To my knowledge nobody is out there working on a new volume of Profiles in Courage replete with fresh new examples.
But last week did bring us a couple candidates, and so let’s acknowledge them here. Governors Spencer Cox of Utah and Eric Holcomb of Indiana each vetoed bills that would ban transgender athletes from competing in the gender category of their choice. Cox and Holcomb are Republicans in deeply red states and this is a red meat issue for the Trumpy Republican base. (Utah’s legislature later over rode Cox’s veto, making it the 12th state with such a ban.)
Now, this might not be just pure courage on the part of the governors. They both saw the potential for a backlash from corporations and professional sports organizations and the loss of tourism and convention business. But what is certainly true is that the easier course of action would have been to sign the bills. Even a pragmatic concern over a backlash is a concern for the state as a whole as opposed to a worry about your own political career. These guys just did the right thing.
And they did the right thing by traditional conservative measures. They, apparently, still belong to the old Republican Party, the one that was about the least government, the one that wanted to pass the fewest laws possible.
This whole transgender athlete thing is being ginned up by cynical politicians in search of an issue to motivate their base, as if there aren’t enough already. These bills are a solution in search of a problem. Cases of former boys competing in girls’ sports are extremely rare. I concede that it could be a problem, but there’s no evidence that it has been a problem, or at least one serious enough to call for state legislation.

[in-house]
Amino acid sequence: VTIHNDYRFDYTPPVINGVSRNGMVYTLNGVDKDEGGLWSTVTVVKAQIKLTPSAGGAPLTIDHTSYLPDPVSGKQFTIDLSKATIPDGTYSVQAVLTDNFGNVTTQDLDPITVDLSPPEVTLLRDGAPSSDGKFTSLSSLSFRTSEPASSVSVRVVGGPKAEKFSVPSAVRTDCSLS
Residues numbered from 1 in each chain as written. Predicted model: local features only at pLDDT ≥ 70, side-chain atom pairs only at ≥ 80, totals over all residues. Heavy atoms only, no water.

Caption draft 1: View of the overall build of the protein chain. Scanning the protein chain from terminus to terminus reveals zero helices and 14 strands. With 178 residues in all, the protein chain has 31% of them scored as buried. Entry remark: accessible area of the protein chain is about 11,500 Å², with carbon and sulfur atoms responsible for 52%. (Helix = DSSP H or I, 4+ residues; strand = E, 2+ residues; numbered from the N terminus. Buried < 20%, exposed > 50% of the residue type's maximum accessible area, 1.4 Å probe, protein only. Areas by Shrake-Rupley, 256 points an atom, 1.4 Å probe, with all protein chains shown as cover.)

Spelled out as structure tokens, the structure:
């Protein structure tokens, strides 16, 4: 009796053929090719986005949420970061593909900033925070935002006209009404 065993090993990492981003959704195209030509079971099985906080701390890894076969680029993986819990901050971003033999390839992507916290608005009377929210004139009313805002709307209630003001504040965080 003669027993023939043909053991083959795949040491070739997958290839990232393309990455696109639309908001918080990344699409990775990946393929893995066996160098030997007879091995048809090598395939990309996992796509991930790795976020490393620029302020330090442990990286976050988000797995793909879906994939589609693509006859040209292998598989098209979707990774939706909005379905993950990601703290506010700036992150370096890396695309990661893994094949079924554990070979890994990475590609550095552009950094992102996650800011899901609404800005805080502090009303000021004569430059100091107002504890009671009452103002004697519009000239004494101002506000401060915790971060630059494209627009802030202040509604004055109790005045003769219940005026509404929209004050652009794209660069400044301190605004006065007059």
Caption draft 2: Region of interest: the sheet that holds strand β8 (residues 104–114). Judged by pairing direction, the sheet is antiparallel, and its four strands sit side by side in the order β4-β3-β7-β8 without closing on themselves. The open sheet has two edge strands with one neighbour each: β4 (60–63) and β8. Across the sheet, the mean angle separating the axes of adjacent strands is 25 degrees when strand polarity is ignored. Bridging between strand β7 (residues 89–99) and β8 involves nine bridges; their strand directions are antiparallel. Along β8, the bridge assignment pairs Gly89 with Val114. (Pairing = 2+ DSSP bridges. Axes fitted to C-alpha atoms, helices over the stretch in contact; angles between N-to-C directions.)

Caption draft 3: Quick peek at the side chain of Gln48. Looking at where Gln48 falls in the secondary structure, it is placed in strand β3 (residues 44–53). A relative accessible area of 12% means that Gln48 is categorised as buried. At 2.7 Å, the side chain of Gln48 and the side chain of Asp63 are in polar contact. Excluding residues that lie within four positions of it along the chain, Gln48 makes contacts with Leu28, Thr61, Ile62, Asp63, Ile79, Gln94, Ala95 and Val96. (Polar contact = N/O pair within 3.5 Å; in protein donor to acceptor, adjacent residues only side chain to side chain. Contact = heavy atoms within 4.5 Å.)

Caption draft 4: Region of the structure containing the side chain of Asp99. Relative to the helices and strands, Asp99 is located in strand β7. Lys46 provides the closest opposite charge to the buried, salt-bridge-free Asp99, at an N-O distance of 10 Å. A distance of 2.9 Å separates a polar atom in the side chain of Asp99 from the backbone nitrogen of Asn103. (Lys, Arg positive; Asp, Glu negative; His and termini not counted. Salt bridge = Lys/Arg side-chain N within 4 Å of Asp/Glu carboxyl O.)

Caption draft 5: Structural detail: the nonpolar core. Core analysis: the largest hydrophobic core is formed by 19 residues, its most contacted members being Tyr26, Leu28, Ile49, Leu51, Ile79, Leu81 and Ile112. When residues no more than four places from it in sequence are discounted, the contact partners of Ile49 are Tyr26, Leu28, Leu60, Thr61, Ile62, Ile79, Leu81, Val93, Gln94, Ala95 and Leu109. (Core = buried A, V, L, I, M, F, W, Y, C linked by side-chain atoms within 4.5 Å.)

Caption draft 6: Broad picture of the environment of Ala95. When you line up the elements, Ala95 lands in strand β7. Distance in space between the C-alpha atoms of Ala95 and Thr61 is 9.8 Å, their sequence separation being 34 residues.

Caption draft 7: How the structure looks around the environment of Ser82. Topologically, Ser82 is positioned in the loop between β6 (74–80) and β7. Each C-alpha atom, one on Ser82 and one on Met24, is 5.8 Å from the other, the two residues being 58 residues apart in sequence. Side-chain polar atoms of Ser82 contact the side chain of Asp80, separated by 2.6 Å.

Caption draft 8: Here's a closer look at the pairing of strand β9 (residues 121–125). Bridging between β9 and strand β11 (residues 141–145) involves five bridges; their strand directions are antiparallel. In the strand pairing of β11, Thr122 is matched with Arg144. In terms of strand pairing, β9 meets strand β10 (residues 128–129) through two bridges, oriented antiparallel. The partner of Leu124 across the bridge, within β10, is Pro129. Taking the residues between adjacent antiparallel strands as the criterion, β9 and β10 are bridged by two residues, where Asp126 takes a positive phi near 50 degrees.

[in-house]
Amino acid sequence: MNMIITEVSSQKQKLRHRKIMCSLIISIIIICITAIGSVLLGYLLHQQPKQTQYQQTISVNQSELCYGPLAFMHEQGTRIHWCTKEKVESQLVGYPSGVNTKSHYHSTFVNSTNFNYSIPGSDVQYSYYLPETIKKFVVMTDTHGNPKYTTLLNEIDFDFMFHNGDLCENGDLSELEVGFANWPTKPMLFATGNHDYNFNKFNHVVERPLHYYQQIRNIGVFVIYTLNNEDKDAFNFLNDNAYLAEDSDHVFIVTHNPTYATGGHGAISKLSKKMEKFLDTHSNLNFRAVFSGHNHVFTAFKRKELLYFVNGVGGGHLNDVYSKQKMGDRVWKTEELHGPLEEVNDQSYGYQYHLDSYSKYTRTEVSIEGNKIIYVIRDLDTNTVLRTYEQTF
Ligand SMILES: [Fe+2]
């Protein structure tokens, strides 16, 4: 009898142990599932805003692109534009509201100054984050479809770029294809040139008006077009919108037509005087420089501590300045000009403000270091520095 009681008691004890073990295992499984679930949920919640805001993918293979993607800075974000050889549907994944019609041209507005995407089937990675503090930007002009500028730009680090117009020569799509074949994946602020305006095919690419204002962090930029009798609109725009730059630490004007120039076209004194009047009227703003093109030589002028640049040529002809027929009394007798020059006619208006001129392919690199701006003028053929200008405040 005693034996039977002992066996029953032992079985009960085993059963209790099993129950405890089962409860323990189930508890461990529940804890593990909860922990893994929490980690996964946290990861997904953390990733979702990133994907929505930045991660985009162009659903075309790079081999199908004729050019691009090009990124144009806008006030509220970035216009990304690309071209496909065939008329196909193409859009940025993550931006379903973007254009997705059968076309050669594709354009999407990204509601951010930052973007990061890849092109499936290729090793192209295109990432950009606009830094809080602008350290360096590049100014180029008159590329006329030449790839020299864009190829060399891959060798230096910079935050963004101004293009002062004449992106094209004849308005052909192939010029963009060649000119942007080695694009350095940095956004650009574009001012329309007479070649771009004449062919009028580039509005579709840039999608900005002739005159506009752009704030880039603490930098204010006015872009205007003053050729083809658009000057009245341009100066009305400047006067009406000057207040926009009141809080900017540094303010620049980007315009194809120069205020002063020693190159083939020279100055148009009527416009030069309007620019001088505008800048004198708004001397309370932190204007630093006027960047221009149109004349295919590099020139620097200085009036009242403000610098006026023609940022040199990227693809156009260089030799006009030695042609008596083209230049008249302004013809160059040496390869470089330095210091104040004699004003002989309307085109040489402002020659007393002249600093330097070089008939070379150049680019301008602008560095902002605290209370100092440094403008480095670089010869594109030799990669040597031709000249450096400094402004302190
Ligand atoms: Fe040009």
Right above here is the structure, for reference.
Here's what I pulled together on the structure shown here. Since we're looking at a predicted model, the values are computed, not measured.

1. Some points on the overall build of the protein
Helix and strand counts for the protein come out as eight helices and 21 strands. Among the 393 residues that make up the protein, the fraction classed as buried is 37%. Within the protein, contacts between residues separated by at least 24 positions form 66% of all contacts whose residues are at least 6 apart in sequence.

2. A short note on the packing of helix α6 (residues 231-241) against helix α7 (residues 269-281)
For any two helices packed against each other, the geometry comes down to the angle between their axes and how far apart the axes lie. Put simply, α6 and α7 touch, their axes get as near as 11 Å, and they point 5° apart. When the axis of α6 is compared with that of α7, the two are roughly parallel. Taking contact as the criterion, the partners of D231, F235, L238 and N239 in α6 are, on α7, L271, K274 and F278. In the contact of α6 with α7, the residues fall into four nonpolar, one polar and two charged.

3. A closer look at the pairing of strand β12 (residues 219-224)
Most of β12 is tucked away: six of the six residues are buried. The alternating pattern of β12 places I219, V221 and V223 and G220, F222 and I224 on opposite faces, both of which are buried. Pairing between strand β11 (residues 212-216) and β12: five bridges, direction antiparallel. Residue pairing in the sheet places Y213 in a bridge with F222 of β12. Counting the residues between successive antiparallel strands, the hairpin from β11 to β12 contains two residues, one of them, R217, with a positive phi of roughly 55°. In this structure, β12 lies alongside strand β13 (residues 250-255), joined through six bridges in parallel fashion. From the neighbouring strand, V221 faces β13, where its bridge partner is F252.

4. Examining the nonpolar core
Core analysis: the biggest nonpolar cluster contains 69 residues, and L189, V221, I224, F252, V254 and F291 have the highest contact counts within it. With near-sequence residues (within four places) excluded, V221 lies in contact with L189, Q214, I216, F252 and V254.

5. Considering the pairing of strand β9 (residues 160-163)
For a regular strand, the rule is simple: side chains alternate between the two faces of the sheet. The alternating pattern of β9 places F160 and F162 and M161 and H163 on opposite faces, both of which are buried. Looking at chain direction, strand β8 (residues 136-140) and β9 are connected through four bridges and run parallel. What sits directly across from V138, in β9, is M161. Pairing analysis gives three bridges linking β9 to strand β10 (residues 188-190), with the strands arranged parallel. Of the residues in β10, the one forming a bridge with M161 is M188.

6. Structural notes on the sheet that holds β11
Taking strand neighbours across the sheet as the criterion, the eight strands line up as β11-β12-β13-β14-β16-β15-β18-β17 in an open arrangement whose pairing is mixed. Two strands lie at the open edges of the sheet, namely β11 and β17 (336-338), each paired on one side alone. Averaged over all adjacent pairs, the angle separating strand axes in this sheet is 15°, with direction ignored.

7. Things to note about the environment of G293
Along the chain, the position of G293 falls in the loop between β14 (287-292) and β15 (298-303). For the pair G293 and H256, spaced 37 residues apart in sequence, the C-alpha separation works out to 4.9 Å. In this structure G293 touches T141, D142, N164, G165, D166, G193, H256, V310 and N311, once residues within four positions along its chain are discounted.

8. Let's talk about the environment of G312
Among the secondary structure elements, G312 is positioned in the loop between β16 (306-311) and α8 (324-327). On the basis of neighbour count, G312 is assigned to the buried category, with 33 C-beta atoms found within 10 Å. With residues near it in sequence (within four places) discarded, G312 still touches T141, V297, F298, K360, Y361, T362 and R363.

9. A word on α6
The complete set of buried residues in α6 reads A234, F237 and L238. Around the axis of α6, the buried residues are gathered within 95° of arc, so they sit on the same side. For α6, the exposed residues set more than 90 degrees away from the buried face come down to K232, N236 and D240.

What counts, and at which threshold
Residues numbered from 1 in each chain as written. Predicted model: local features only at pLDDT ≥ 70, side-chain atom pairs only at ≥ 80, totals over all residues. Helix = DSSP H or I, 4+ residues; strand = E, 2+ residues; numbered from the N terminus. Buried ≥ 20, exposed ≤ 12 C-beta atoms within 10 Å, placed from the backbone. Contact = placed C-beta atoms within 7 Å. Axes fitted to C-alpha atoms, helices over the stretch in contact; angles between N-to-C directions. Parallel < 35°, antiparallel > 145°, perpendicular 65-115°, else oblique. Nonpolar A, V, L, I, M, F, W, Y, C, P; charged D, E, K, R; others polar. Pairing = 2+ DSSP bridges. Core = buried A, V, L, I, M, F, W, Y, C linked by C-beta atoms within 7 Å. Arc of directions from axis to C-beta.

And even if it were a real concern, it’s not one legislatures or governors should have any role in. Traditional conservatives would leave the governance of sports to the agencies set up for that purpose. Here in Wisconsin it would be the WIAA and nationally it’s the NCAA. Now, the NCAA is not an organization I revere, as it spends most of its time trying to make sure college athletes don’t get paid for their work, but this issue is the kind of thing it actually should have the last word on. State legislatures shouldn’t be making rules about sports, unless they moved to ban the designated hitter, in which case they’d be doing the Lord’s work. But I digress.
I’ve used this space a number of times to urge Democrats to duck the culture wars. As a rule, I think social change happens first outside of government and politics catches up. Also as a rule, I think Democrats lose in culture wars battles. Strategically, they’d be better off choosing to fight on different ground.
But Cox and Holcomb are Republicans who, faced with a stark choice, decided to do the politically unpopular thing among the people who can do them the most political damage. They reminded us of the best part of what the old Republican Party once was and, who knows, might be again.
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